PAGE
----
Early cervical cancers: the international SHAPE study, funded by the PHRC-K, is revolutionizing surgical treatment for the benefit of patients

Early cervical cancers: the international SHAPE study, funded by the PHRC-K, is revolutionizing surgical treatment for the benefit of patients
Early cervical cancers: the international SHAPE study, funded by the PHRC-K, is revolutionizing surgical treatment for the benefit of patients

What are the characteristics of the cervical cancers targeted by the SHAPE study?

In France, three quarters of cervical cancers are diagnosed before the age of 65. Those called “low risk of recurrence”, targeted by our study, are very small tumors, discovered during screening, which do not present symptoms. Their cure rate is very high, and the 5-year survival rate for these patients aged 25 to 45 is between 95 and 98%. [alors qu’il est inférieur à 65 % si l’on considère l’ensemble des cas de cancers du col utérin, NDLR].

However, until recently, the standard treatment consisted of a hysterectomy [retrait de l’utérus, NDLR] called “radical” or “enlarged”: the uterus and its cervix were removed, but also part of the vagina, as well as adjacent tissues, including nerve roots and, in certain cases, the ovaries and fallopian tubes. This treatment has practically not evolved since the 19e century, whereas today we identify this cancer at early stages, thanks to technical progress and the generalization of screening. However, this is a major and very disabling surgery, which significantly alters the lives of patients who have been cured: difficulty emptying their bladder, recurring constipation problems, pain during sexual intercourse, etc.

Faced with this situation, what were the objectives of the SHAPE study and how was it carried out?

The definition of the population of patients at low risk of recurrence having been established, the issue is now the question of therapeutic de-escalation. This was the starting point for the SHAPE study. Conducted in a prospective, multicenter and randomized manner, it aimed to compare enlarged hysterectomy with a more conservative surgical approach, a “simple” hysterectomy. [retrait de l’utérus et de son col, NDLR], with evaluation of lymph nodes instead of their systematic removal. It was necessary to validate the oncological safety of this surgical practice compared to extended hysterectomy and evaluate its effects on the quality of life of the patients concerned.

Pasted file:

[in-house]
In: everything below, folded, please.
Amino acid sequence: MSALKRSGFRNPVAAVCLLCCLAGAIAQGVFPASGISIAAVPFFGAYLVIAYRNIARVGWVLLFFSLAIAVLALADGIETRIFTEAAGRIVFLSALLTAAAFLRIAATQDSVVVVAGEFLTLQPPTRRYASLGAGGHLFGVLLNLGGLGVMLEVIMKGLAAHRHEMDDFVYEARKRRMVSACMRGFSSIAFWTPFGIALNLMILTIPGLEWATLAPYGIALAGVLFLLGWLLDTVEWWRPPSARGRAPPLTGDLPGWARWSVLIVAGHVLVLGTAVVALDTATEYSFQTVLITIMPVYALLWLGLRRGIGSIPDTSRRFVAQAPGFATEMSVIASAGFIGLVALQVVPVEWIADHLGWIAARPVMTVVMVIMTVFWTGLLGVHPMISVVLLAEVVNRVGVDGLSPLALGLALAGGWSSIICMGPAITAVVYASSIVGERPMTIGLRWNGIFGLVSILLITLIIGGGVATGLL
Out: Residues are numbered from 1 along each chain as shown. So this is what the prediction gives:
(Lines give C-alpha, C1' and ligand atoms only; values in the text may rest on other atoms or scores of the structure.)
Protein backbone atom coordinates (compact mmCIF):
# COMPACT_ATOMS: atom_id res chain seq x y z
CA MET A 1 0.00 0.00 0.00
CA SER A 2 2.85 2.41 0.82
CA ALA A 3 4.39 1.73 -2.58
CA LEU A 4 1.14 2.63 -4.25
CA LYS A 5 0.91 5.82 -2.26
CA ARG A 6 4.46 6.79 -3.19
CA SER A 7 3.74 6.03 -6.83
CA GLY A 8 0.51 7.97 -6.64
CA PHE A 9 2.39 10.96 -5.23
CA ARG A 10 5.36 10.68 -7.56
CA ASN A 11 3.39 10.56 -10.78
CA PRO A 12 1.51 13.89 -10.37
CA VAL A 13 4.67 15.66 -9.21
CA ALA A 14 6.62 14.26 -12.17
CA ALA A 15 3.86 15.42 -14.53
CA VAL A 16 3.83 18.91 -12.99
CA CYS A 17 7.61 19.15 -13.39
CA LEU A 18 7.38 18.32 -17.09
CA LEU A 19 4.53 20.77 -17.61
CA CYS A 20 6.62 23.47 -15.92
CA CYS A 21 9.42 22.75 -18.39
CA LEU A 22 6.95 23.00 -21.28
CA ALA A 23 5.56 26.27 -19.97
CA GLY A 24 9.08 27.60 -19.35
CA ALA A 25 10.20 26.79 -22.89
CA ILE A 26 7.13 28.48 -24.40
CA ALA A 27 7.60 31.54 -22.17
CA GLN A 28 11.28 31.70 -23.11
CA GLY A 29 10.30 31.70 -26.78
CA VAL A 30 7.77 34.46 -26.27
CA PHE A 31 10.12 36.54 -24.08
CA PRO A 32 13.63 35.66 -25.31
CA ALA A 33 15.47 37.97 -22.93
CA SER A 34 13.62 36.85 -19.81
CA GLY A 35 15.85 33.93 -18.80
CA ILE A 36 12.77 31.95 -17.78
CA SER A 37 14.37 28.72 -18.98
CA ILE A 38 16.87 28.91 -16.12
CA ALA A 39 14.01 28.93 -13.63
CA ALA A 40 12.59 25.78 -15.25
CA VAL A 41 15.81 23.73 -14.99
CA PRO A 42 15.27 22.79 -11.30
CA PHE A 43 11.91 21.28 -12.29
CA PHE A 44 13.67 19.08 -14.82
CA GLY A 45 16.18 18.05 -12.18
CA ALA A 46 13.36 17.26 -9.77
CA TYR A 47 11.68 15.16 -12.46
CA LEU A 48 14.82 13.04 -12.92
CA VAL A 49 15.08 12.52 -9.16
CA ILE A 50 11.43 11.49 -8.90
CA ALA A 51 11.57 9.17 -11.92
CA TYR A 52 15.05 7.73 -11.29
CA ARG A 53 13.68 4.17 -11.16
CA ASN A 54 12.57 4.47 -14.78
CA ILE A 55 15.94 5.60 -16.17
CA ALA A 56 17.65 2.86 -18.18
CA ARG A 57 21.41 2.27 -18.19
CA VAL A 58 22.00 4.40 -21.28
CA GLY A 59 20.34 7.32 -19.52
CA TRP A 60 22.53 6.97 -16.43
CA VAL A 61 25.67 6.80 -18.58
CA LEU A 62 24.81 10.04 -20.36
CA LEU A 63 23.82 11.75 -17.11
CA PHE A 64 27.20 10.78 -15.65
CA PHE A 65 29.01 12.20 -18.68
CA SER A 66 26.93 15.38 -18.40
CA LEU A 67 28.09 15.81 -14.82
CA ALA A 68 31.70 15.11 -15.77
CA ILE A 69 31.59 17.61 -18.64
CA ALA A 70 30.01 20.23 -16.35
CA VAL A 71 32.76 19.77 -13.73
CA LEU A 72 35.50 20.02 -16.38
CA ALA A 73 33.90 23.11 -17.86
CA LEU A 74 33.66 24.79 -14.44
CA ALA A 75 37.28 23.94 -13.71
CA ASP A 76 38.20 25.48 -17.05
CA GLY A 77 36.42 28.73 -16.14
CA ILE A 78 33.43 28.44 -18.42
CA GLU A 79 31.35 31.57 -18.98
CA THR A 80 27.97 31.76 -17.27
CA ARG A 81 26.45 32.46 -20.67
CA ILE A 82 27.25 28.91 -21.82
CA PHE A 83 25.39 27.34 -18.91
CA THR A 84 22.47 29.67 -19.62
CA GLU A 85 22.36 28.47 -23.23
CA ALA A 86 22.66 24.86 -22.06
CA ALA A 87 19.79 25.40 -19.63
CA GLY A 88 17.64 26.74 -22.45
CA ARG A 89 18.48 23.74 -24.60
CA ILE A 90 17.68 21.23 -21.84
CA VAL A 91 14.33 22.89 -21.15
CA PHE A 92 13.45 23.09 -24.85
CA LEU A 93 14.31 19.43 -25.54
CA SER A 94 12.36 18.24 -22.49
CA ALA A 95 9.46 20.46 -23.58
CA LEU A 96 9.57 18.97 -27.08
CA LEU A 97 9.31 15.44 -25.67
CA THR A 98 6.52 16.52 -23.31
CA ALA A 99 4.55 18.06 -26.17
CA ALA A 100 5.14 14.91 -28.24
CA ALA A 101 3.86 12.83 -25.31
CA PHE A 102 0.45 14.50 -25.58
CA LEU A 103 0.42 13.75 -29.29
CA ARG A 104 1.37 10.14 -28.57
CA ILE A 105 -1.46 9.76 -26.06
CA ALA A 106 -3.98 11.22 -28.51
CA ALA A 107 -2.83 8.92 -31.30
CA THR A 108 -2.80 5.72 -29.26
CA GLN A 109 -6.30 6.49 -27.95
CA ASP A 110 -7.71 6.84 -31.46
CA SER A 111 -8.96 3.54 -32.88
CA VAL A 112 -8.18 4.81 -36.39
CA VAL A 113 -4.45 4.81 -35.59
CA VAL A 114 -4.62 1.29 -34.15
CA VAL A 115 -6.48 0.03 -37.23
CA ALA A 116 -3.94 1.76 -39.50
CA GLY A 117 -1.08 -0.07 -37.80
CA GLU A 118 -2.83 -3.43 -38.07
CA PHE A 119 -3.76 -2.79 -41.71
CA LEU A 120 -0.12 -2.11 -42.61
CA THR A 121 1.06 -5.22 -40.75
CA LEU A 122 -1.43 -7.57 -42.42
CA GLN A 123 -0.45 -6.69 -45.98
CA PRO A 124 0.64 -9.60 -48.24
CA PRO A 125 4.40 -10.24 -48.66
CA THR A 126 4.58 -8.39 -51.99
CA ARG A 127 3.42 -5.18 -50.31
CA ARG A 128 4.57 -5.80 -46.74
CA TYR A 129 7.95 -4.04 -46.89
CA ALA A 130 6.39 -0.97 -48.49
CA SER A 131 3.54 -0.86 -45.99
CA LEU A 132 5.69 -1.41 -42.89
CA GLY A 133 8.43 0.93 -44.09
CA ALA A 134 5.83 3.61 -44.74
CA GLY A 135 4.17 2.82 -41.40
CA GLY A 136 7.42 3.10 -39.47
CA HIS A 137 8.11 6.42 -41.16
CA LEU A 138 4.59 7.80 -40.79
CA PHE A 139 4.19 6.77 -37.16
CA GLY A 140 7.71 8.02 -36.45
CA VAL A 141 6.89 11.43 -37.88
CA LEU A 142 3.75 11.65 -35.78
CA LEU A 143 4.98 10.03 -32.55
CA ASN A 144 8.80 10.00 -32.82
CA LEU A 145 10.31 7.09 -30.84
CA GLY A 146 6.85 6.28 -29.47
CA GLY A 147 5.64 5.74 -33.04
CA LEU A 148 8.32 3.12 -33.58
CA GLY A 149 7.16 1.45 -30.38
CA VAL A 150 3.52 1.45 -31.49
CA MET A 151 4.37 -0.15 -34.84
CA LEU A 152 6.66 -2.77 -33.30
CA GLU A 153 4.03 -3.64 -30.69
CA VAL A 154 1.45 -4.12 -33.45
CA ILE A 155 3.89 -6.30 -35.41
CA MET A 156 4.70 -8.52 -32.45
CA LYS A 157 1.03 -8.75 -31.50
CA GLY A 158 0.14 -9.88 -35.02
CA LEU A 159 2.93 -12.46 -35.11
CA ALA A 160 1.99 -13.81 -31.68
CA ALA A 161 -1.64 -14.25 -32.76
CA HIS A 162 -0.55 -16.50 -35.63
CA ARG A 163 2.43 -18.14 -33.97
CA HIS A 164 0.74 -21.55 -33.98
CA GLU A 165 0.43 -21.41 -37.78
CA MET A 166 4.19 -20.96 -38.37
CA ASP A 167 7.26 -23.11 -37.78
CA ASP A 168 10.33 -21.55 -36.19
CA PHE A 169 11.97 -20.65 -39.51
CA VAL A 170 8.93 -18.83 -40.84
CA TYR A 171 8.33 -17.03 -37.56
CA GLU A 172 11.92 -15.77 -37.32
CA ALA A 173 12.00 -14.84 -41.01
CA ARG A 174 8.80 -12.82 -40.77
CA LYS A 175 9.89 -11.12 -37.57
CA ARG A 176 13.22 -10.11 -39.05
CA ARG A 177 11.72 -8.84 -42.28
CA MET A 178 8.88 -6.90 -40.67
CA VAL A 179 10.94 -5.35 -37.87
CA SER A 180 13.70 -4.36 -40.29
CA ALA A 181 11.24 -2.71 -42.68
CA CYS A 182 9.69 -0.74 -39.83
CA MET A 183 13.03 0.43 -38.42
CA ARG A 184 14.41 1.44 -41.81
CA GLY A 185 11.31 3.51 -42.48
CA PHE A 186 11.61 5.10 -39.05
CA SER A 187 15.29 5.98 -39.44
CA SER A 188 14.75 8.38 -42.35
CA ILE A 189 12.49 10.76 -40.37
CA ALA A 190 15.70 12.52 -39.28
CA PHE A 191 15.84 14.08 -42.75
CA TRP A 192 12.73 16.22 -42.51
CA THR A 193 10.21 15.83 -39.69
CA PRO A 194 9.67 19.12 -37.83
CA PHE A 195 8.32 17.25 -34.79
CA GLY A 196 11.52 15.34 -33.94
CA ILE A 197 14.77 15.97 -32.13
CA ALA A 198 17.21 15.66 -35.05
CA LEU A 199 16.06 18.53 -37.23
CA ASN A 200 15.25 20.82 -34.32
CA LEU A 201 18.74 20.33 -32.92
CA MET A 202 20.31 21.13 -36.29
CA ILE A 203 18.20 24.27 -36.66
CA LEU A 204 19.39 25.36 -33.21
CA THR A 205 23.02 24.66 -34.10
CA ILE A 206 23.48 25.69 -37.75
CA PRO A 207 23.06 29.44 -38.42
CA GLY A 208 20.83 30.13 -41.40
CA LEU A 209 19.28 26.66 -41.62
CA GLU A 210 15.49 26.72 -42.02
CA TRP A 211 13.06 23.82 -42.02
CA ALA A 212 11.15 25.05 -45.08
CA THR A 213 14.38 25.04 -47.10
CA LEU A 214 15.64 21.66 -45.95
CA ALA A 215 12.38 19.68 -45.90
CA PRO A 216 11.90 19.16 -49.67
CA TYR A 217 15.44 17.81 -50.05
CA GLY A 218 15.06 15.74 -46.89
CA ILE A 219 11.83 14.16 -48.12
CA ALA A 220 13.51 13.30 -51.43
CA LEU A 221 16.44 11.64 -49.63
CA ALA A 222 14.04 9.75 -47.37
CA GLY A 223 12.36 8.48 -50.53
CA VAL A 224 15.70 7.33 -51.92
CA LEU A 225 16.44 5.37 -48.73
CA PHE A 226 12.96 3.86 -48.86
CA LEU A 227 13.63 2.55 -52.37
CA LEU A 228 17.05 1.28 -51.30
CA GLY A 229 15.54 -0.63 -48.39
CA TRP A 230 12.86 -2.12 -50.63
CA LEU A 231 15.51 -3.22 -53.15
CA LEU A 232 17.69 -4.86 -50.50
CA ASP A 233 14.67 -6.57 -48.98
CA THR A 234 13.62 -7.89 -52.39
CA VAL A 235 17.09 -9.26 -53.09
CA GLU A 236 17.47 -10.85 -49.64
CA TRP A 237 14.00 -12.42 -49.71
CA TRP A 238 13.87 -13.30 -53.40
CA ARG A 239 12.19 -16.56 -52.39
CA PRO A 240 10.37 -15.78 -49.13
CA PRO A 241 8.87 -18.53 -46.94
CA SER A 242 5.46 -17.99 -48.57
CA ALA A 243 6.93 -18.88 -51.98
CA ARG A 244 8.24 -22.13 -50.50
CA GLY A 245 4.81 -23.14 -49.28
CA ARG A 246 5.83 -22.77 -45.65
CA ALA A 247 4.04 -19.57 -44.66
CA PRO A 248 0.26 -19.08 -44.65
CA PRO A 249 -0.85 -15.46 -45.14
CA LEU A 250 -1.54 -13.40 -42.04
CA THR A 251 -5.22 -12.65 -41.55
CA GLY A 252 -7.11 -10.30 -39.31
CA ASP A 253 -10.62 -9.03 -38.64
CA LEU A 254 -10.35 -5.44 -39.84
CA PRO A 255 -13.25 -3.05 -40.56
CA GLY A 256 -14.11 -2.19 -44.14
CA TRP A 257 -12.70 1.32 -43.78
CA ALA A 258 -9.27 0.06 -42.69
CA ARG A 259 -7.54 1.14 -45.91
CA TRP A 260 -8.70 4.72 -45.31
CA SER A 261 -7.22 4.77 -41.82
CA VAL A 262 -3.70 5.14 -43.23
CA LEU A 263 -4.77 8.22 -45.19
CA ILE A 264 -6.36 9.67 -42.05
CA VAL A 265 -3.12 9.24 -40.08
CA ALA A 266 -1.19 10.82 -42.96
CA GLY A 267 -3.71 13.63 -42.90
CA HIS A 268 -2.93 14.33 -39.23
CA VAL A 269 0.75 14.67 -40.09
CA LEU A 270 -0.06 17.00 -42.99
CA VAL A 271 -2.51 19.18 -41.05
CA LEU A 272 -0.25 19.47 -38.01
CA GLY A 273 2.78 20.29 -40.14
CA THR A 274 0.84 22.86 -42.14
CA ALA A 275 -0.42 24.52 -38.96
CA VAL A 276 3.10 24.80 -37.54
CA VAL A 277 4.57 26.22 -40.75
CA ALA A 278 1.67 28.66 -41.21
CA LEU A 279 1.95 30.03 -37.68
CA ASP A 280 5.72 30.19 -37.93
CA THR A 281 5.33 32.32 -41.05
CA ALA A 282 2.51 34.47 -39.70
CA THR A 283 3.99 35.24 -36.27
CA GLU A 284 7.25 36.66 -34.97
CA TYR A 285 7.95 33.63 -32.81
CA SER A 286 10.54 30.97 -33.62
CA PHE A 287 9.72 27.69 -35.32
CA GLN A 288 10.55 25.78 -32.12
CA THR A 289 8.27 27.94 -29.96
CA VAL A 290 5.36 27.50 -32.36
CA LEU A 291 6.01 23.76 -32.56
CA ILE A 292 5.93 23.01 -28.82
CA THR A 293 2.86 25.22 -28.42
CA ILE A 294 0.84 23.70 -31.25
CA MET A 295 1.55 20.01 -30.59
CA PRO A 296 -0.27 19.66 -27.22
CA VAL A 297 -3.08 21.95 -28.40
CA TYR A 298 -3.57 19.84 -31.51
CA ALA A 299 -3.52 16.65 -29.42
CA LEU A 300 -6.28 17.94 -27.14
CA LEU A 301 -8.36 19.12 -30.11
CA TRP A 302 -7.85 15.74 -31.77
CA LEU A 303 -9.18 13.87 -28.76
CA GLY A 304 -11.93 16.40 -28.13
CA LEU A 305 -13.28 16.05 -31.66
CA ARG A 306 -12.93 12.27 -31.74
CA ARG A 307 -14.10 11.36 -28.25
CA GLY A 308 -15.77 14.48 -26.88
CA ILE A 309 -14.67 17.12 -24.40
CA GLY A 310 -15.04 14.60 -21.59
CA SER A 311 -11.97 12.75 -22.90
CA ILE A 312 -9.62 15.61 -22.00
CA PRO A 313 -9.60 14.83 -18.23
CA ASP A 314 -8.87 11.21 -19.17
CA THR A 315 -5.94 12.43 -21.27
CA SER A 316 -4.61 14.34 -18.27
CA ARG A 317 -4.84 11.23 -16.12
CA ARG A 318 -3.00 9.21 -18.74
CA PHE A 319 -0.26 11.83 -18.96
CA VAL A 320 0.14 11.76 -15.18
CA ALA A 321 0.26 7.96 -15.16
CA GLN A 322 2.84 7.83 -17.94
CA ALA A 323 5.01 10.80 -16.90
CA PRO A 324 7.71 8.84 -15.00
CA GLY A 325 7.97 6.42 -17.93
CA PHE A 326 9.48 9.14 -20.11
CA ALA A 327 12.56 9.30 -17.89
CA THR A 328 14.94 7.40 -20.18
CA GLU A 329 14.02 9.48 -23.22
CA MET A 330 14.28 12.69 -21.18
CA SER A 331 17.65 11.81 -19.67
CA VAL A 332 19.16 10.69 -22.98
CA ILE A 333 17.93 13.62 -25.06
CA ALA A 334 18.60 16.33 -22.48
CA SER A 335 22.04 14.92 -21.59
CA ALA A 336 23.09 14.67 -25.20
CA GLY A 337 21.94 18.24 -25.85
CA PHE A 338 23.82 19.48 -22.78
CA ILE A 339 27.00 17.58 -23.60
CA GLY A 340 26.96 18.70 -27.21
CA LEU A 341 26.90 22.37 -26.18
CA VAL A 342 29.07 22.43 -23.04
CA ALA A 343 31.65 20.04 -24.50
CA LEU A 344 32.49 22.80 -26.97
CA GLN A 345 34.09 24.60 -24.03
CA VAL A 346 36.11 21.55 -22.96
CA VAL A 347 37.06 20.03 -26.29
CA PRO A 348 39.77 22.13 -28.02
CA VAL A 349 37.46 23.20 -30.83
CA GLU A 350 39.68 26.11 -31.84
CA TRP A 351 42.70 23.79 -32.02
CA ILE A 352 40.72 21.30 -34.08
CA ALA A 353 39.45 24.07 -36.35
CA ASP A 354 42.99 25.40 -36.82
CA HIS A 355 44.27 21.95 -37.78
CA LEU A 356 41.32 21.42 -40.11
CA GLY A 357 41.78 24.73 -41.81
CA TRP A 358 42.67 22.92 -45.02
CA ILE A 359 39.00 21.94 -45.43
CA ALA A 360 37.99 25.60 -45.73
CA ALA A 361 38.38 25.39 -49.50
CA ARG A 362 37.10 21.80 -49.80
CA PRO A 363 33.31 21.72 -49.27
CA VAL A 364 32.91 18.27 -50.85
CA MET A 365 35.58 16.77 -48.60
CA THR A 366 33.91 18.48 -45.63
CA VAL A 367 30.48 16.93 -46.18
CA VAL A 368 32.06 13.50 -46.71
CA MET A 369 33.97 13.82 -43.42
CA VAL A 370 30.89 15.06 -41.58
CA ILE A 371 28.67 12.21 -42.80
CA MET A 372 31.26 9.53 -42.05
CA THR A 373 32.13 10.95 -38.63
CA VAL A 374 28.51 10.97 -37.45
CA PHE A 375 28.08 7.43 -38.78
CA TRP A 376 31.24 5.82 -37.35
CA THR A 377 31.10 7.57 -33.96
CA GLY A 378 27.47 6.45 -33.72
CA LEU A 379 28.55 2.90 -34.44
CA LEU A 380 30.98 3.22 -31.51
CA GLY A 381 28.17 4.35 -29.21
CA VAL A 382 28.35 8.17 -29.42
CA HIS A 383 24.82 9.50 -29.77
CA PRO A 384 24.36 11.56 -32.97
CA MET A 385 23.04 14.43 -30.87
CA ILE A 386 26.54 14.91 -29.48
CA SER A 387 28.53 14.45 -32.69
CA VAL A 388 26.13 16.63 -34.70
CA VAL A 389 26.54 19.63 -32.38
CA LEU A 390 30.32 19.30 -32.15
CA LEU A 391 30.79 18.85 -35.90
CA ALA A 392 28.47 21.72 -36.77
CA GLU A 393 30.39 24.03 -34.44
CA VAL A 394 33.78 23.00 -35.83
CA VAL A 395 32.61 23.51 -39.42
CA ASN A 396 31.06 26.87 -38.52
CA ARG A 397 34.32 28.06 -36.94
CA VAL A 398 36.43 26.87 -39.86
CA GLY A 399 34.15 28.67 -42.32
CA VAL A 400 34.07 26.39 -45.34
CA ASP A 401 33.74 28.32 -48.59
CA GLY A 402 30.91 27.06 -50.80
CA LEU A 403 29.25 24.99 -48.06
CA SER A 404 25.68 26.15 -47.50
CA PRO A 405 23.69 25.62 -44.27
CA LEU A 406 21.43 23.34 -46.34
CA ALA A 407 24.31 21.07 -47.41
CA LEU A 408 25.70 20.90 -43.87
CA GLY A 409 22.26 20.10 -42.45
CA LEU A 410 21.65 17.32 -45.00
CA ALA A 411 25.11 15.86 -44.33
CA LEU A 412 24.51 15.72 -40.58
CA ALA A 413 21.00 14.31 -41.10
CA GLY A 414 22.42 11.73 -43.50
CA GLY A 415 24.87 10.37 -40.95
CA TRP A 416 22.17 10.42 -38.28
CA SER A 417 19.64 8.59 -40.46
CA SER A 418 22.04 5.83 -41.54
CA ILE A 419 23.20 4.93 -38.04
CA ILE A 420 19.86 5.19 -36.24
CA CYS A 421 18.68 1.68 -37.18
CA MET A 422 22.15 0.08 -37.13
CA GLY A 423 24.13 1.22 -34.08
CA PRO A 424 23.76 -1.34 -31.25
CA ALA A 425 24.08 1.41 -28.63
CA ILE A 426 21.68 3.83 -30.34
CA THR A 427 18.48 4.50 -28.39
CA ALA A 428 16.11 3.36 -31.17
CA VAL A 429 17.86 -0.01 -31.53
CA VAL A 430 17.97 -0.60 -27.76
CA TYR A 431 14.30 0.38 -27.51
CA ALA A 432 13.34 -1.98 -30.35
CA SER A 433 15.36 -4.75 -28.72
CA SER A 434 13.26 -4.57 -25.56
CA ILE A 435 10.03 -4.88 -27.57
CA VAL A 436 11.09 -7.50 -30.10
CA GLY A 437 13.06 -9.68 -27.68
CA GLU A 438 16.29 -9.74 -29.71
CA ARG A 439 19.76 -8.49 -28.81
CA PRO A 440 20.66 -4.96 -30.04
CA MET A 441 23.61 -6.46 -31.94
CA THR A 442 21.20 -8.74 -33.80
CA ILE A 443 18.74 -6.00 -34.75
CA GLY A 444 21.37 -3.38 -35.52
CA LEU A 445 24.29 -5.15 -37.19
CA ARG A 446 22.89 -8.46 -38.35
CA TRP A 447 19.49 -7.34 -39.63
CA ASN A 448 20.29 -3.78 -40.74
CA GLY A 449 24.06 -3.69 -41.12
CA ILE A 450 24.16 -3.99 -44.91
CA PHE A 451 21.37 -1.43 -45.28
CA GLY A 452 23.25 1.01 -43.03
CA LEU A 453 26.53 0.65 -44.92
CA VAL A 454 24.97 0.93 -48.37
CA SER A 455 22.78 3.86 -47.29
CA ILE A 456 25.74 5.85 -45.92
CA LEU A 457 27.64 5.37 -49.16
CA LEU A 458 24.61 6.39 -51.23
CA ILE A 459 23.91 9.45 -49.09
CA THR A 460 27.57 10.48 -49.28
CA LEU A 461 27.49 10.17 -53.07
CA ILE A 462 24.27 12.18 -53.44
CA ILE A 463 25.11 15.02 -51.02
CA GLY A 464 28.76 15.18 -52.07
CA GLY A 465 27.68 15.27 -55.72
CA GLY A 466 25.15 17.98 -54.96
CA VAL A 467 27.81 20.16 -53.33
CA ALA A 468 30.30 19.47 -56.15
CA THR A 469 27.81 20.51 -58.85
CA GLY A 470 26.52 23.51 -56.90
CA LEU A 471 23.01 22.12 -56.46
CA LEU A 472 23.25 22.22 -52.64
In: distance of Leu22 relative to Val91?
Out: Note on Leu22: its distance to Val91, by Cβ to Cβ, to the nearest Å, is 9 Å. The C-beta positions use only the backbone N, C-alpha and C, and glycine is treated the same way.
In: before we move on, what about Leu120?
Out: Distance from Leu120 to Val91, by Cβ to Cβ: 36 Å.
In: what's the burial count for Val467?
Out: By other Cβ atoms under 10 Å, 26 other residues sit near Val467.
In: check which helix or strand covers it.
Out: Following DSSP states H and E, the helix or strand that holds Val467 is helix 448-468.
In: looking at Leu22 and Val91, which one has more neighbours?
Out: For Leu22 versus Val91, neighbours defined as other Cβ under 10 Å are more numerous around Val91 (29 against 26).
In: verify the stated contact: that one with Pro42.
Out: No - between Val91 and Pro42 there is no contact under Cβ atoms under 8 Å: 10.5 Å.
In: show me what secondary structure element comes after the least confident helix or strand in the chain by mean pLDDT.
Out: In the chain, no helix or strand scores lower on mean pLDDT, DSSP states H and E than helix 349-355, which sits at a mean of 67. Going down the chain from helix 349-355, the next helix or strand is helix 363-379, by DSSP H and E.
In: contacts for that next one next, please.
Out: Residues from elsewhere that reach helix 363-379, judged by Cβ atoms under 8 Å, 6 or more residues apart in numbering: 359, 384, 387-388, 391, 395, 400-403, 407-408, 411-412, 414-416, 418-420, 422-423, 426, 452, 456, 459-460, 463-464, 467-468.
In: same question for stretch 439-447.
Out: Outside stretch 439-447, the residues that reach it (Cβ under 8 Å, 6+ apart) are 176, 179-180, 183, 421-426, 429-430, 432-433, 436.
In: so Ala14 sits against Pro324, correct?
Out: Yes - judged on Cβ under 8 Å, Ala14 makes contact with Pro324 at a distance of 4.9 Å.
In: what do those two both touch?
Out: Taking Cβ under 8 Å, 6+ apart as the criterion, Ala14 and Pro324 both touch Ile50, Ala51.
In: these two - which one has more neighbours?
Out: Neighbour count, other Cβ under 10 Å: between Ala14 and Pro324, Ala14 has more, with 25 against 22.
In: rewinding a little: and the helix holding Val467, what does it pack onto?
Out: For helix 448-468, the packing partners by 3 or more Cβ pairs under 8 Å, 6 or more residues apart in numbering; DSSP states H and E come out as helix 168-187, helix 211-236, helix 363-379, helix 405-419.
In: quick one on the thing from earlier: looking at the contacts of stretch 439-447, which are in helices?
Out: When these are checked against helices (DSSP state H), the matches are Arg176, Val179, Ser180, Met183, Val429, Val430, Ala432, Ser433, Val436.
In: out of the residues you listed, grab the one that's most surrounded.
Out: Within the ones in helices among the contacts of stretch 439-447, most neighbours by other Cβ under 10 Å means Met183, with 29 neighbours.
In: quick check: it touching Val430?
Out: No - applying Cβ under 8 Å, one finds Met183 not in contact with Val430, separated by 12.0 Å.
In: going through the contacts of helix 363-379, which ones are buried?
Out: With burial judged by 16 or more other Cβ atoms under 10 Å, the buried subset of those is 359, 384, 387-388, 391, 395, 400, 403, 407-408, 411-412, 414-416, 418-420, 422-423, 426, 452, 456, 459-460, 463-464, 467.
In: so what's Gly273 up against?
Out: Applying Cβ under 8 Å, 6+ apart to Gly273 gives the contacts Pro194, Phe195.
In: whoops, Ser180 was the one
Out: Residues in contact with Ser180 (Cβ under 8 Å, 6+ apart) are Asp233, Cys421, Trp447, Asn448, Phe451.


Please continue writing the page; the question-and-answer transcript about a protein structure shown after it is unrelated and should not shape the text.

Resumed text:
This project, initiated in Canada and then expanded to France and other European countries (Germany, Austria, Belgium, Ireland, Norway, the Netherlands and the United Kingdom), was made possible thanks to funding from the PHRC-K [pour sa partie française, NDLR], thus paving the way for a new era in surgical practices. Moreover, at the time we joined the study, Canada had almost closed it for lack of inclusions! France is one of the rare countries where research programs like the PHRC-K make it possible to conduct academic surgical trials. Without this, we would not have been able to reach Canadians and contribute to the improvement of our surgical practices: no manufacturer would have financed a study involving this type of comparison.

In total, the international SHAPE study included 700 patients worldwide from December 2012 to November 2019, including 140 in France spread across 35 centers. The IUCT Oncopole was the promoter. Thanks to the creation of the ARCAGY-GINECO cooperative intergroup, certified and financed by the INCa, we were able to bring together and coordinate several forms of structures (CLCC, CHU, peripheral hospitals, clinics) and gynecological surgeons.